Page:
On a side note, I posted the storm experience on social media and a friend of mine from Vermont commented how he was driving through the same storm!… on the same road!… in the same area!… and I guess he’s now a truck driver instead of a cook! I just thought it was kinda cool… in a “Small World” sorta way.
I really didn’t have any problem with driving through the weather, but I’ll tell ya, it felt a million times better when the road looked dry and my little thermometer thingy was telling me it was 35 degrees outside! Luckily, it just got warmer and warmer the further I drove east. I mean… until the sun went down. Then it got colder… cuz that’s what happens when the big ball of heat goes away.
Once I made it back to the Chicago area… it felt like I was getting closer… it felt more “familiar”. I don’t know why… maybe it’s the congestion of people, maybe it’s being on a “Turnpike” or “Thruway”… but whenever I hit the Chicago/Gary/Cleveland part of the trip, it just seems to feel like Vermont is a hop, skip, and a jump away! And then you remember there’s still New York to get through… Upstate. Which from my understanding is all of NY… except the city..? I actually thought about taking I-86 across southern New York so that I could get some pizza from Nirchi’s. Kateri and I would get two sheets to snack on whenever we headed out west. It’s fantastic. But instead, I was all responsible n shit and decided to stay safe and stick to the plan… and not have Nirchi’s pizza.
From the moment I walked out my parent’s door and got back into my cute little Jeep Renegade, I had my bed, my woodstove, my little red schoolhouse in the back of my mind. I just wanted to be there. The thing I found odd was that it was only in the back of my mind. Yes, I wished I could teleport myself and in the blink of an eye… be home! But in reality, I knew I had a lot of ground to cover before I would be there, so I guess I simply went through the motions until I reached my destination… and didn’t think too much about it.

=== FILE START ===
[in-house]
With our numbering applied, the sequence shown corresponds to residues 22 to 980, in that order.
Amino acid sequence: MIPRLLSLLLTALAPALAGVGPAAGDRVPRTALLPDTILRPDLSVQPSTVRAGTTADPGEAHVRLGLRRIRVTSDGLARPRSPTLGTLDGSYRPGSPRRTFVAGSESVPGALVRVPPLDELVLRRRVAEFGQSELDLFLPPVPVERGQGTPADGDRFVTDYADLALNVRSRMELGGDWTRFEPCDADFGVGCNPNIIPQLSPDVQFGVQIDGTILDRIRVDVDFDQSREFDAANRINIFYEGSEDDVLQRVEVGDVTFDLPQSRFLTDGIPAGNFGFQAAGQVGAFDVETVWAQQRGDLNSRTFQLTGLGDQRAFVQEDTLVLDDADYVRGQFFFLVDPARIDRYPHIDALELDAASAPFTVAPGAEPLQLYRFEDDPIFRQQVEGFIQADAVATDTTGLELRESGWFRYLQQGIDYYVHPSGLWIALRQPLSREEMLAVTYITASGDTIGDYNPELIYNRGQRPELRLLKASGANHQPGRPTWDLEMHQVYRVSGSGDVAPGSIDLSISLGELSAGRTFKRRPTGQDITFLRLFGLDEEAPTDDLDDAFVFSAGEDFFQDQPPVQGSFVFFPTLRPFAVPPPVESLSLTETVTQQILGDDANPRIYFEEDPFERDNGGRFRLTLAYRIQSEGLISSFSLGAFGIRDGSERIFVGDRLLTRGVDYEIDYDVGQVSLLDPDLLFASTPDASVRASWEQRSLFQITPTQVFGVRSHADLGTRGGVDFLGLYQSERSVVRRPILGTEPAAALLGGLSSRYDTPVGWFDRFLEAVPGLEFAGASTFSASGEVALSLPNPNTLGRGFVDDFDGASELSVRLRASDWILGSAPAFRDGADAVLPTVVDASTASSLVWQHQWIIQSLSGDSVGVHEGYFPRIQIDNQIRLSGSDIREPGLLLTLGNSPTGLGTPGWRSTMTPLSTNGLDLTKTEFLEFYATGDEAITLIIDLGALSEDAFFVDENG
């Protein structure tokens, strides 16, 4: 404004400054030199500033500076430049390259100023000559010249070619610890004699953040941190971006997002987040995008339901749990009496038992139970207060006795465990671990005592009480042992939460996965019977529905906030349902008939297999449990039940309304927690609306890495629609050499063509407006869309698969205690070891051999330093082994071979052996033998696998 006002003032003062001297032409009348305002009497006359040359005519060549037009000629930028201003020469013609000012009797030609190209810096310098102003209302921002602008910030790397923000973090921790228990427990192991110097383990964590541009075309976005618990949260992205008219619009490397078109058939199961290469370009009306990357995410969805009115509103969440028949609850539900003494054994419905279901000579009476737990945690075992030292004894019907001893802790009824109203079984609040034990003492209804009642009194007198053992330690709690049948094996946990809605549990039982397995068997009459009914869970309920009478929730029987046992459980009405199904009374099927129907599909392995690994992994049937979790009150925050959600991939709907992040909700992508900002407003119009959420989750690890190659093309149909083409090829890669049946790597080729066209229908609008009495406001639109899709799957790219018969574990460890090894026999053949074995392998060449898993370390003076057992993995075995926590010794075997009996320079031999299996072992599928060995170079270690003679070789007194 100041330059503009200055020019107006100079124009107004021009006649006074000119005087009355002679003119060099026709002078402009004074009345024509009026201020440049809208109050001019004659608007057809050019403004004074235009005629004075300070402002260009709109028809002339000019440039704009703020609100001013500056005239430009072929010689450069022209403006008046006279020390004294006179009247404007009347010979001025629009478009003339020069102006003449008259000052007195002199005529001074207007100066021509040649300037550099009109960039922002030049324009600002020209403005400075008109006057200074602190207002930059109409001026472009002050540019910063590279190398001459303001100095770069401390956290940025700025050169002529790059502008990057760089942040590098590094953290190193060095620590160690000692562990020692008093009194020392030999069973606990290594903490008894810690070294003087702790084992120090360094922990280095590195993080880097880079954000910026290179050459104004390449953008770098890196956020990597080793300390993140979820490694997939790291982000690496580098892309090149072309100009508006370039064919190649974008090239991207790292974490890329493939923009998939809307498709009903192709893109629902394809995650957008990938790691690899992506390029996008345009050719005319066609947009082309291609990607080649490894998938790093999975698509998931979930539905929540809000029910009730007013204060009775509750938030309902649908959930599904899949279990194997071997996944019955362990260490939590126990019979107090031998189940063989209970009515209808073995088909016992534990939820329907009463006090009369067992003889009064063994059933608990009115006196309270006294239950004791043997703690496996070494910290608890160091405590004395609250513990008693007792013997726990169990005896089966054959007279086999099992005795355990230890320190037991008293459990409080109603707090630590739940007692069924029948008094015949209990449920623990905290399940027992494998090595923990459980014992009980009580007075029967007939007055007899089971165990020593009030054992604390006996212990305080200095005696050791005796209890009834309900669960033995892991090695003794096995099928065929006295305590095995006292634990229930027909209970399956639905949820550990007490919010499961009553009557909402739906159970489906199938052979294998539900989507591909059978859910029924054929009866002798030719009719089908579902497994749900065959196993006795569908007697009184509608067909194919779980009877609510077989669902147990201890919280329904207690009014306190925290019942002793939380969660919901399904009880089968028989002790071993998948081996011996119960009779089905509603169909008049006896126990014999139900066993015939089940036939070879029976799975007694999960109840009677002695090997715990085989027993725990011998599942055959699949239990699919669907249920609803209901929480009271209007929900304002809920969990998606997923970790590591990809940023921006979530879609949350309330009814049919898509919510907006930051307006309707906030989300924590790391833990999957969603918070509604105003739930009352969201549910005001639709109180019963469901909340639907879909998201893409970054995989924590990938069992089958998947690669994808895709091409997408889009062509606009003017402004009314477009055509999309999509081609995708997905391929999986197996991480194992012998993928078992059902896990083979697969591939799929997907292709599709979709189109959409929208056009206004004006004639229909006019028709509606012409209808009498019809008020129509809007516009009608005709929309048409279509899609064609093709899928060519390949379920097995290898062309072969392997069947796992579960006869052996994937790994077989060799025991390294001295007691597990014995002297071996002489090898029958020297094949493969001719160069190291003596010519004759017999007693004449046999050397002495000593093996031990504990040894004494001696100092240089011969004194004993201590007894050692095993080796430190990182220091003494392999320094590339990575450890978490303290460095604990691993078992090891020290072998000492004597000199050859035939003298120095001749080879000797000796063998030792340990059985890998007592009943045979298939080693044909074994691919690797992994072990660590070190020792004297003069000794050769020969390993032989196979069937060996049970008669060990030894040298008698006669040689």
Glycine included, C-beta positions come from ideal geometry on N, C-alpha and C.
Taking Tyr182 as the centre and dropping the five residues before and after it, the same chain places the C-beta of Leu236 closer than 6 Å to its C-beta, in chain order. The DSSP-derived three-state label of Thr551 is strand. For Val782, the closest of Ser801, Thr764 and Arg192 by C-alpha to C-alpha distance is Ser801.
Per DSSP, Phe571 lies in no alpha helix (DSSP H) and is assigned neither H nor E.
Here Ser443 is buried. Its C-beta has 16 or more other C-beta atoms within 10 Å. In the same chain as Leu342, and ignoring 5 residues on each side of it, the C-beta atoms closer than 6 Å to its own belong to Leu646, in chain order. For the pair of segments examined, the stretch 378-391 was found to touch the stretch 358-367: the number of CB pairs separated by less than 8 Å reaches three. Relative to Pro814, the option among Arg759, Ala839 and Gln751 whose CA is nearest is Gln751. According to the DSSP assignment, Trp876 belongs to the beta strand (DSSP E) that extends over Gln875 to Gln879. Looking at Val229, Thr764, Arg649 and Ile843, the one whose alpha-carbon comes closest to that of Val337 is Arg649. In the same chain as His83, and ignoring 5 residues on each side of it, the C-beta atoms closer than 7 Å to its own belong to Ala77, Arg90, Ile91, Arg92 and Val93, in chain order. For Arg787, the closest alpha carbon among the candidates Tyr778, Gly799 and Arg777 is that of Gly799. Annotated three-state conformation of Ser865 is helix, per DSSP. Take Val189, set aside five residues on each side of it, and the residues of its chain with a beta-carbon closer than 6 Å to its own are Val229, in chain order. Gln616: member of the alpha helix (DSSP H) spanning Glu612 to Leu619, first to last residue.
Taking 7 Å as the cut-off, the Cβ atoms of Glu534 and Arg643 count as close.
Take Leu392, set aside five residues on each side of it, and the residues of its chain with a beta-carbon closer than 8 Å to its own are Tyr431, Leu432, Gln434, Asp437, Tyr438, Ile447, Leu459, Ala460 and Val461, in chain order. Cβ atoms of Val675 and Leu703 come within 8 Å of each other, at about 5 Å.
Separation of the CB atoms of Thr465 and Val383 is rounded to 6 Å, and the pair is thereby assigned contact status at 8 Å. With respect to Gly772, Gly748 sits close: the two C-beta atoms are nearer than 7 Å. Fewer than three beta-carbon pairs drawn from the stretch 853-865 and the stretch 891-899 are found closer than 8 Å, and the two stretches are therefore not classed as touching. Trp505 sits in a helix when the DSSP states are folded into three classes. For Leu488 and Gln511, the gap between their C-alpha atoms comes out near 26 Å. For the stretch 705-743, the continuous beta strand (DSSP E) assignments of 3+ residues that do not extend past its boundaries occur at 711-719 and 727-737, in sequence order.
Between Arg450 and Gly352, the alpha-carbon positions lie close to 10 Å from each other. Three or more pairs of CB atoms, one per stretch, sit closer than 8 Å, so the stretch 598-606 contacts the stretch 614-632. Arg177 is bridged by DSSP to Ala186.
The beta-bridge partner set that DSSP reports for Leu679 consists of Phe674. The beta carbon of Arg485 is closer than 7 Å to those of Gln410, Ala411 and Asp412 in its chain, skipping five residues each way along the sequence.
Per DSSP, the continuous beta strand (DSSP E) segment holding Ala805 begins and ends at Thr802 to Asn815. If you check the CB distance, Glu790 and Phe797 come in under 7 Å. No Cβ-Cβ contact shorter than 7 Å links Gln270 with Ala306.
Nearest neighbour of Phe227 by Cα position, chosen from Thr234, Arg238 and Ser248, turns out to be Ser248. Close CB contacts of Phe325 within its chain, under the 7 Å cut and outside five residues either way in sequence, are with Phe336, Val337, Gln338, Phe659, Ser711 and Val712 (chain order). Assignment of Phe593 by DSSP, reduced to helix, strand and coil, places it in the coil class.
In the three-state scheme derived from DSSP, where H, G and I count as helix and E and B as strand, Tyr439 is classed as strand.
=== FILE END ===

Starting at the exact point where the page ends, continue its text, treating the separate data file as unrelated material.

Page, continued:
When I crossed into Vermont under the cover of darkness, I didn’t get that “I’M HOME!” feeling… although, I did feel a huge sense of relief. My mind was still in Idaho with my mom, on the road thinking about life, in the past with my memories, and concentrating on the present with every turn through The Green Mountains as I made my way to 91. For a week and a half I didn’t think about all the things I think about on a daily basis. For a week and a half I didn’t worry about the things happening in my life. For a week and a half I didn’t think about cutting wood, paying bills, work, if I did this right… or if I did that wrong. For a week and a half I drove across this country to be with my mom… to take a moment to sit, to talk, and to spend time with her… and then to drive home. That was the purpose of my trip. I guess I road it till the end because it didn’t really hit me until I was making my way up Wild Hill and had passed John and Mary’s… then Heman’s… and then the Hooligan’s… I went past my wood pile and up my driveway until I reached that oh so familiar view out the driver’s side of those big, beautiful schoolhouse windows… that I realized I had reached my destination. I sat there thinking about the fact that when I turn the car off… and open my door… the trip is over. It was emotional. It was overwhelming. It took me some time… but after a lot of deep breaths, and a few more moments of thinking, I opened the door… stepped out into the cool Vermont night… and found solace in the fact that I had made it…… home.
Random Widower Notes n Thoughts:
Since I had recently learned that cameras on phones have a “timer” setting, when I got home I did a fashion show for myself of all the different outfits I wore while on the road. You know… Converse, Darn Tough socks, 501’s, blue hoodie, Hunter’s Orange Carhartt hat… John Deere hat. Yup. And of course… with or without the blue Levi’s hanky mask! (I felt the need to color coordinate my accessories)
Things to do in Quarantine… write really long blog posts.